If you’ve always harboured the desire to start your own beauty brand, now more than ever you have the tools at your disposal to realise your ambitions. We offer a helping hand with the following handy tips.
Go To Beauty School
If you are truly keen on starting a beauty brand then you will need to know the finer details of how makeup works. If you are not scientifically minded we suggest getting at least a basic understanding by looking at the chemistry behind products. There are some distance learning courses available that you can search for online and the London College of Fashion offer an acclaimed MSC in Cosmetic Science, a four year course where students study a rage of sciences, both pure and applied as well as gain knowledge of the various disciplines within the industry and the function of the cosmetics, toiletry and perfumery industries.
If you don’t have the resources to commit to a traditional educational course, you can still press ahead with your beauty idea. Many of the brands we love started through a combination of researching and testing various ingredients and stumbling upon a winning formula. Lisa Price, founder of Carol’s Daughter, famously began her foray into beauty entrepreneurship by concocting natural based skin and hair sample sized products from her kitchen table of her Brooklyn home and giving them out to friends and family to try out. Soon enough, word of mouth helped to leap frog the product from the kitchen table to the iconic brand it is now known as. A little bit closer to home, Ronke Oke is an award-winning beauty entrepreneur who set up a skincare company Emi & Ben (emiandben.com) in 2009 after being gifted with some raw shea butter by her grandmother when she was pregnant with her first child. Upon using the butter to keep stretch marks at bay, Ronke was amazed by the results and realised the untapped potential of the magical ingredient, which is now used in an array of hair and skin products. Ronke says, “My advice for budding beauty entrepreneurs is to do your research. While gaining advice from those who have already entered the industry successfully is great, don’t rely on this to provide you with all the knowledge you need. Start reading. Understand the legislation which comes with being a beauty manufacturer. Think about the possible things you may need to know/be aware of, and then begin your research.”
Hone in on your niche
The cosmetics industry may be a multi-million pound industry but it’s also a saturated one. Standing out from the hoards of existing brands and your start-up competitors will be no easy task. However, that doesn’t mean it’s impossible. We’re now living in an era where niche specialism thrives, so identifying your tribe – the group of individuals who will live for your product as well as encapsulate your brand’s values – will be paramount to your success. Young beauty entrepreneur, Florence Adepoju launched her lipstick line MDMFlow at age 22 when she realised that there wasn’t a beauty brand that spoke to her directly. Hugely influenced by the ‘90s era bright, bold and brash hip-hop beauty aesthetic adopted by the likes of Eve, Kelis and Lil’ Kim, Florence turned her obsession into a business and her lipsticks are now known for its eye-catching bright colours in gold casing namd after popular hits like ‘Bossy’ (Kelis) and ‘Sweet Escape (Gwen Stefani). If Florence had simply tried to replicate what was already available on the market then chances are she wouldn’t have captured the imagination of so many who are inspired by her story and in awe of the products. So before you start your journey have an honest conversation with yourself. Is your product viable? Is it serving a group that is currently undeserved? Will your passion carry you through when you face seemingly insurmountable challenges? If you answer ‘yes’ to all questions then keep going, you’re on the right track.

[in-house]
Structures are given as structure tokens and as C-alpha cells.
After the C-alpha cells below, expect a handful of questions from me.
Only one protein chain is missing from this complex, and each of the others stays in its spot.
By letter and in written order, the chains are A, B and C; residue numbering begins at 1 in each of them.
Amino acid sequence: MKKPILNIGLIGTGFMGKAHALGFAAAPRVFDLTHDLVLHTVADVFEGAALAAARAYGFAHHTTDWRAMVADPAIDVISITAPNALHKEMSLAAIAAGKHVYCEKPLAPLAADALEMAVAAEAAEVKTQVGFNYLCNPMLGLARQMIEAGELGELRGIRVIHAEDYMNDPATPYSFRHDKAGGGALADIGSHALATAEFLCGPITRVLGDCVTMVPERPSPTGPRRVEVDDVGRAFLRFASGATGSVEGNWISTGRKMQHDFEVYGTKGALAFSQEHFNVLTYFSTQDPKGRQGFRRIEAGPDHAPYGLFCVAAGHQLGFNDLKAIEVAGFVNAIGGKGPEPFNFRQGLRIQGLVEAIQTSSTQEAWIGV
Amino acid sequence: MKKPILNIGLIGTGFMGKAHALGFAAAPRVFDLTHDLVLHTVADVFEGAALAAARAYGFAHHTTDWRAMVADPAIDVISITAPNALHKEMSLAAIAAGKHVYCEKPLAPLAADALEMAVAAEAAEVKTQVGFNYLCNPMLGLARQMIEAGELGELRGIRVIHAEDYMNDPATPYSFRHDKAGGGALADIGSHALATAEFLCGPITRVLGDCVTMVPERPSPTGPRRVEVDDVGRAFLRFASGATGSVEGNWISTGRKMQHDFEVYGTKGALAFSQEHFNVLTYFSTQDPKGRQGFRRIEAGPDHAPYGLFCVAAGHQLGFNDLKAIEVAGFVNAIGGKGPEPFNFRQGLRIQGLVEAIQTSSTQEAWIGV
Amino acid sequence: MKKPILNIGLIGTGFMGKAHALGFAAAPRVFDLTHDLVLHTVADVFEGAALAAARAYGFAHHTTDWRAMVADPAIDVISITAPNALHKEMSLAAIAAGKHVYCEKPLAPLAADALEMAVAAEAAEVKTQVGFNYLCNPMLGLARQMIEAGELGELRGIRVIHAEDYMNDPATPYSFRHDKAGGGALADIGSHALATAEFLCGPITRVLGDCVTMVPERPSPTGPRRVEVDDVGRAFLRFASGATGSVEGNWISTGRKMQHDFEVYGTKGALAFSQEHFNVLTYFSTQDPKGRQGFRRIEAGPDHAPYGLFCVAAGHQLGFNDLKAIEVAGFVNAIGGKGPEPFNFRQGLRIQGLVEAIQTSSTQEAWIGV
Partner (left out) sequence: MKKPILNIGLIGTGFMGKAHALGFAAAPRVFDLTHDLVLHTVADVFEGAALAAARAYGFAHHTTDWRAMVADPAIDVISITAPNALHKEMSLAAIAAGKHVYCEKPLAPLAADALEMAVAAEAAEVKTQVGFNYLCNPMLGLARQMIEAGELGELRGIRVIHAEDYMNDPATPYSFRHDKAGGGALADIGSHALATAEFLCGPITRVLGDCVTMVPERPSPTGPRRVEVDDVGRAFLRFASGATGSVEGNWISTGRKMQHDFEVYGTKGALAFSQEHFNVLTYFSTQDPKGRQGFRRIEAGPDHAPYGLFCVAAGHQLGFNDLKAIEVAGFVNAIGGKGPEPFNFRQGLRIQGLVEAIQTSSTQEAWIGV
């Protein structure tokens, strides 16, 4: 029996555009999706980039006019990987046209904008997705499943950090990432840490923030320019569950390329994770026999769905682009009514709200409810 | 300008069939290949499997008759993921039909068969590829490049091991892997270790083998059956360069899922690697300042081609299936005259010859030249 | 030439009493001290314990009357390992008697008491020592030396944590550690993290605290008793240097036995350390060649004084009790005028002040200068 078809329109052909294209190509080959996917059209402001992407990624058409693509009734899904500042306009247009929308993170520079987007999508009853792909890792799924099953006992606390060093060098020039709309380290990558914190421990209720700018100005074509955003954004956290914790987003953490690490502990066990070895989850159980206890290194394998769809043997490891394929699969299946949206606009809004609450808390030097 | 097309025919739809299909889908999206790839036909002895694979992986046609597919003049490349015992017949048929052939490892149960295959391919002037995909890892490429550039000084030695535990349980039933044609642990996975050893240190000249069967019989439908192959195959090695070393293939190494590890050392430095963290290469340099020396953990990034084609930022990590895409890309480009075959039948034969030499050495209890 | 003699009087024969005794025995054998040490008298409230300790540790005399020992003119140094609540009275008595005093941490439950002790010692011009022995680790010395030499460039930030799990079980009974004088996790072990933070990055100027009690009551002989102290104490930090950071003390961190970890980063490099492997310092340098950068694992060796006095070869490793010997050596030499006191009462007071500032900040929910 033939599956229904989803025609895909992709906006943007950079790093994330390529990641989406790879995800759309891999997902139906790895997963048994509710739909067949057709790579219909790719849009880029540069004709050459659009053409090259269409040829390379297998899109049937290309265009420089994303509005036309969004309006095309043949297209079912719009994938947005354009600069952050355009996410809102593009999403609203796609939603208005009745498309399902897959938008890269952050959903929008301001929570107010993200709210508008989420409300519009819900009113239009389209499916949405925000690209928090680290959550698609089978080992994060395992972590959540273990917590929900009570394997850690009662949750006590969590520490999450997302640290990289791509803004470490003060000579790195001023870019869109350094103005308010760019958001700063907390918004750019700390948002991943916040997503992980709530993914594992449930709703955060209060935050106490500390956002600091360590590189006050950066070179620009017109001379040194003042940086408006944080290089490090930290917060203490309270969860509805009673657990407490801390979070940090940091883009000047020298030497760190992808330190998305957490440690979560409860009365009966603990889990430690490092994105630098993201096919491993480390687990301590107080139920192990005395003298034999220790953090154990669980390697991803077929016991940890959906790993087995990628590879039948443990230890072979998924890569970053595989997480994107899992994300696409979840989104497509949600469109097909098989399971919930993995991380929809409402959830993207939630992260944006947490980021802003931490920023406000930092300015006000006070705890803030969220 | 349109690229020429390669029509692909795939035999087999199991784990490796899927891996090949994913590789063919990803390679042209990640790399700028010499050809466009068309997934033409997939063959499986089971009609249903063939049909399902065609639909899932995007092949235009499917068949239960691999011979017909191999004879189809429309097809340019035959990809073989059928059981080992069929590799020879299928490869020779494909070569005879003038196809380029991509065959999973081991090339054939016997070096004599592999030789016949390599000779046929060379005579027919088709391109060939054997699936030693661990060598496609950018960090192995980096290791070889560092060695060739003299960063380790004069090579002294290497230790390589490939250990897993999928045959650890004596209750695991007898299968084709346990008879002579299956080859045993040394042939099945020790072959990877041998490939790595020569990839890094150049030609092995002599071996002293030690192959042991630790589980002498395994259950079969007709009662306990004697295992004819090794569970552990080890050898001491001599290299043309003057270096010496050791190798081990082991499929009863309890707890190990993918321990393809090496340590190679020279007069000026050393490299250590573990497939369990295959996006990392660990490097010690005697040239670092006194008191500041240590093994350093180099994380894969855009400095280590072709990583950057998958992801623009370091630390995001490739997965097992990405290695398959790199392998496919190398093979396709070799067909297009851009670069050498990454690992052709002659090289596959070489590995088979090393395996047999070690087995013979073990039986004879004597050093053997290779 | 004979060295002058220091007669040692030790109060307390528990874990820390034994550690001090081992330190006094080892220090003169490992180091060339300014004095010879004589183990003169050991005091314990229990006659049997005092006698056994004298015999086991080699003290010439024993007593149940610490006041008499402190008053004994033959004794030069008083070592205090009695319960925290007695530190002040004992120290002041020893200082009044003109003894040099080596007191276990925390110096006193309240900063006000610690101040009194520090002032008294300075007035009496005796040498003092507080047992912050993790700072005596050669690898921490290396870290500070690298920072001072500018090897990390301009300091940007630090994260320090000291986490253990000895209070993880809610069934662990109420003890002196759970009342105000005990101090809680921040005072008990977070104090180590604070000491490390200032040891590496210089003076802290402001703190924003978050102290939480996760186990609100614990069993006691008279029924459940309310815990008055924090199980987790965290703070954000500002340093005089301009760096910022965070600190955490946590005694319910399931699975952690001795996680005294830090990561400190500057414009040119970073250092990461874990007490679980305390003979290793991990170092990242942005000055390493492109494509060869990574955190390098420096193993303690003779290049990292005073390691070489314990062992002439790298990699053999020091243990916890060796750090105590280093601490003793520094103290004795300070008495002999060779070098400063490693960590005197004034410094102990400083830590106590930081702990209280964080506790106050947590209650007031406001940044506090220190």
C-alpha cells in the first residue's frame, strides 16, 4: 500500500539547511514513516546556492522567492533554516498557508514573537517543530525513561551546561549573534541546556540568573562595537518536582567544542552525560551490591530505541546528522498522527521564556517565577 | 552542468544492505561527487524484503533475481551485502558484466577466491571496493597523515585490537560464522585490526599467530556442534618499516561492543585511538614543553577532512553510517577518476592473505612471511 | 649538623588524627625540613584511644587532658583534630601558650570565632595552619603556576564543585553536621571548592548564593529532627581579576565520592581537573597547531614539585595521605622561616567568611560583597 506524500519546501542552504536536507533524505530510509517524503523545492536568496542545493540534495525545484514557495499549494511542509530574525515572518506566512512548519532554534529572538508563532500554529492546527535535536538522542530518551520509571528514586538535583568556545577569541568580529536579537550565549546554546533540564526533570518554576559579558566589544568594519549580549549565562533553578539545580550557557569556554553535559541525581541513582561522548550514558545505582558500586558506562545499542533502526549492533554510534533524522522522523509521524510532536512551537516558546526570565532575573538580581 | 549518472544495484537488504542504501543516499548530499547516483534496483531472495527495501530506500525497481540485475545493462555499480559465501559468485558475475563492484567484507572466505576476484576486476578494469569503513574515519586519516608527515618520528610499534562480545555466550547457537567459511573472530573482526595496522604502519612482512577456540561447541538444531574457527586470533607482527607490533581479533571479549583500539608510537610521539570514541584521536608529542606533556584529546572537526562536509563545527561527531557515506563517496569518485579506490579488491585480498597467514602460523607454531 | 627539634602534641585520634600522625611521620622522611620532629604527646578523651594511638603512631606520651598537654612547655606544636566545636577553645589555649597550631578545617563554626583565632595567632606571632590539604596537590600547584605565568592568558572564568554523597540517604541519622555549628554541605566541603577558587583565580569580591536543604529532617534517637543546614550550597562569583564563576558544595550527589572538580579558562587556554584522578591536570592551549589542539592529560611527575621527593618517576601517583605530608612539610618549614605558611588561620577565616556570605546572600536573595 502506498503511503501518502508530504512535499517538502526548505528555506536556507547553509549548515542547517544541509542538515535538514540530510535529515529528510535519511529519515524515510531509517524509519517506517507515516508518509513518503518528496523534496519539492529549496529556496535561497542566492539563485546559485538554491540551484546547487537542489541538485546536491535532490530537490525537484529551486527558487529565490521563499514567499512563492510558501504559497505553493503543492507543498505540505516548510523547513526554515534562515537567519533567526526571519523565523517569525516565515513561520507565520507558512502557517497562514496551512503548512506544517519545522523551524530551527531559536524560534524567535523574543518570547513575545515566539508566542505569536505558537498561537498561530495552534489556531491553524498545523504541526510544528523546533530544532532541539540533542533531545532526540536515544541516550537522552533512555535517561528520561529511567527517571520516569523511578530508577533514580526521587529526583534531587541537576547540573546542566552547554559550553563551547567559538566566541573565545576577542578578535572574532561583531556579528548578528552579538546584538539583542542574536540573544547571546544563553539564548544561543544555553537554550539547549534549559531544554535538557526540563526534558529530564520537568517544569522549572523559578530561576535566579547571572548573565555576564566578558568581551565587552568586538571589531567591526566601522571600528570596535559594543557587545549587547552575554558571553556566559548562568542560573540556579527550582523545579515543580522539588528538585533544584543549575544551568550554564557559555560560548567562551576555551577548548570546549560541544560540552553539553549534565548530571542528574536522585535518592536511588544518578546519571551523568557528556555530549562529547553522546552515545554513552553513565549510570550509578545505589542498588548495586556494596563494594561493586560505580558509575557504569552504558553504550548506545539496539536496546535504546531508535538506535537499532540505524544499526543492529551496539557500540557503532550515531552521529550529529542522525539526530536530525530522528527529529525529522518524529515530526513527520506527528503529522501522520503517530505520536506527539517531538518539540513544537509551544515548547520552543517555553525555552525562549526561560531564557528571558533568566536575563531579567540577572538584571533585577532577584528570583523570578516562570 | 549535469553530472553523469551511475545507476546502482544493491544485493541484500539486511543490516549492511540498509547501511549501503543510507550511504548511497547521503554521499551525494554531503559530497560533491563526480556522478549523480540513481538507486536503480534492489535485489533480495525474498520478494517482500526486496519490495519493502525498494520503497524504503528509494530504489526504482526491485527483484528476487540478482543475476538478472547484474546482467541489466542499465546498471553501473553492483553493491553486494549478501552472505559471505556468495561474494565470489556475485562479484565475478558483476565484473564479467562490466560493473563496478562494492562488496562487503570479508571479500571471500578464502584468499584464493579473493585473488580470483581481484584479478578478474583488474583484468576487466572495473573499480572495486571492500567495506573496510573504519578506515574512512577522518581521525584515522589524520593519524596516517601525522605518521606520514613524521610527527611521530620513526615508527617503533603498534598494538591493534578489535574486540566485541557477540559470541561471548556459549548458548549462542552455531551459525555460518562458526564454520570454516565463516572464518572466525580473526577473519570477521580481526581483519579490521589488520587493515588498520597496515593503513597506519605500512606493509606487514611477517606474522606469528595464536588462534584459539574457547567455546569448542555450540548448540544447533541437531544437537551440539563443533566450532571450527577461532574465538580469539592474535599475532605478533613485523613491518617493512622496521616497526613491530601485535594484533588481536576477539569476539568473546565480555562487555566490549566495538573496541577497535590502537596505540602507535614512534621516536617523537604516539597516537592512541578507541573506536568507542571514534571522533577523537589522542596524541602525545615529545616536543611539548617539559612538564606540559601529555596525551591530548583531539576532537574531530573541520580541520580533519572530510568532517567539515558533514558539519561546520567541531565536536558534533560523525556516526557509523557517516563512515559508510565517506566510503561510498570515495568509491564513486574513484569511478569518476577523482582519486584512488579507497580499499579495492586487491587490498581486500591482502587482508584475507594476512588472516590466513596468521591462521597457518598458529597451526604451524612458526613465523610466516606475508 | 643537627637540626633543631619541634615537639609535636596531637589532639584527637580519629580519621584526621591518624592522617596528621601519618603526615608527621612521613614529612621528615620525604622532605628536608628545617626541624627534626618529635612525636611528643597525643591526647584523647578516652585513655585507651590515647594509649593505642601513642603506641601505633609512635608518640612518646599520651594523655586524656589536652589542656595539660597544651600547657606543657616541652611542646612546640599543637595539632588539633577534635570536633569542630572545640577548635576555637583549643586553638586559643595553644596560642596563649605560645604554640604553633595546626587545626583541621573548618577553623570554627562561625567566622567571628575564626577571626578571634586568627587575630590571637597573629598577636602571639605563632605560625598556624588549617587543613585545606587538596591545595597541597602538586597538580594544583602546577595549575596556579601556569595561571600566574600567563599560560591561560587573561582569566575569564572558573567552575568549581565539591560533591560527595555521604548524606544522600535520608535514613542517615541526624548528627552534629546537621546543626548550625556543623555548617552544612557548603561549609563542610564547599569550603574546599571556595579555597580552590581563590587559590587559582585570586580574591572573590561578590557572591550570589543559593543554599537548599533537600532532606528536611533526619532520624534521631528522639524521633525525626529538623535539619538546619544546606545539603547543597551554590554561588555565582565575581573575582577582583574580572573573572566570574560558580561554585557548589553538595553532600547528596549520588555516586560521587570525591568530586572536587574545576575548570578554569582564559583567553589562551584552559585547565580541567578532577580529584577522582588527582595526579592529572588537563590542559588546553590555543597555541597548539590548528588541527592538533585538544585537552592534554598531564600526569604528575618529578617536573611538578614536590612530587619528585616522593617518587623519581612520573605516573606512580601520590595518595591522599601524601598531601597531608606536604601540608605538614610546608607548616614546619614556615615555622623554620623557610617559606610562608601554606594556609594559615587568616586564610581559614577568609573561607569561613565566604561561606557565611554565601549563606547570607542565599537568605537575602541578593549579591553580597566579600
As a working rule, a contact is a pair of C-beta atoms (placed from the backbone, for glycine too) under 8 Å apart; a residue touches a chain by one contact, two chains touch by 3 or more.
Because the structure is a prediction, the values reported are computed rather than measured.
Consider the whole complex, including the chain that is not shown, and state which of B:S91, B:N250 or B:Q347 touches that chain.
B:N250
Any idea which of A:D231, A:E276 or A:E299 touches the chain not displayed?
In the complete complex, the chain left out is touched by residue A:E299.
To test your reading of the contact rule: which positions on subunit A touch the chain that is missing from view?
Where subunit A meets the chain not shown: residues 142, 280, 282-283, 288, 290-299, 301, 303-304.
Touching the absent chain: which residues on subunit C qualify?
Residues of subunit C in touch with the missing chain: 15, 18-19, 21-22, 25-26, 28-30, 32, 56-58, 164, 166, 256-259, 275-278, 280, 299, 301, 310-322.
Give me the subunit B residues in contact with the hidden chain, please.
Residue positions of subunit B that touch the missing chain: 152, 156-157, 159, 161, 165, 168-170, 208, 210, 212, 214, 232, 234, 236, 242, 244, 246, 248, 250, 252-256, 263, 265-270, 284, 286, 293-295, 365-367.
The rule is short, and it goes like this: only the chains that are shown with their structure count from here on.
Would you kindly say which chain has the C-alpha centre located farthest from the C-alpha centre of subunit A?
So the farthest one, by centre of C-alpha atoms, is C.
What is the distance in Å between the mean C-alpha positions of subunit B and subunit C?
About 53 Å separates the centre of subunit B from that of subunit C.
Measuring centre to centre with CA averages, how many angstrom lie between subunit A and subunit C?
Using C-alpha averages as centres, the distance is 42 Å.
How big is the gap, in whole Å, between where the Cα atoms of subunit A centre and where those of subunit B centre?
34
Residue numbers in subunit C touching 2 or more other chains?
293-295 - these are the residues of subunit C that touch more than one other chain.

Packaging and labelling
So you’ve done your homework and gotten clued up about the ingredients that work for your product. You’ve identified your niche and have a clear understanding of who your customer is. Now is the time to get started on making your product a tangible thing. Packaging your product is such an important step—it is the first thing your potential customers will see so it’s important to get it right. What packaging do you envisage for our product? If you’re stumped for ideas, create a vision board and include all the colours, words and visuals that communicate your brand’s ethos. Additional things to consider: is there a special ingredient that you’ve utilised that will help it stand out from the crowd? Have you taken the time to think about the preservation of your product, and how it will effect your price point and bottle size? Are you familiar with the EU compliance laws regarding the specific safety requirements you need to put in place before bringing your product to market? These are all crucial elements to consider.
Become your own marketeer
Taking a hands on practical approach to your marketing will work hugely in your favour when starting a beauty brand. We’re very fortunate to be living in a time we’re we so connected. In addition to traditional advertising, you can use more grassroots methods of communicating directly with your customer such as newsletters, social media and podcasts. And of course, make sure that your digital presence is on point. Everything from your website to social media accounts should exude quality and professionalism.
Now, shout from the rooftop!
In addition to your marketing strategy, publicising the arrival of your product will increase brand awareness. Write a press release introducing your brand to print magazine and online editors, bloggers and vloggers. Carry a stash full of product samples at all times and give them to friends, family members, the cashier at your local supermarket, basically anyone who looks like your target audience. We wish you the best of luck!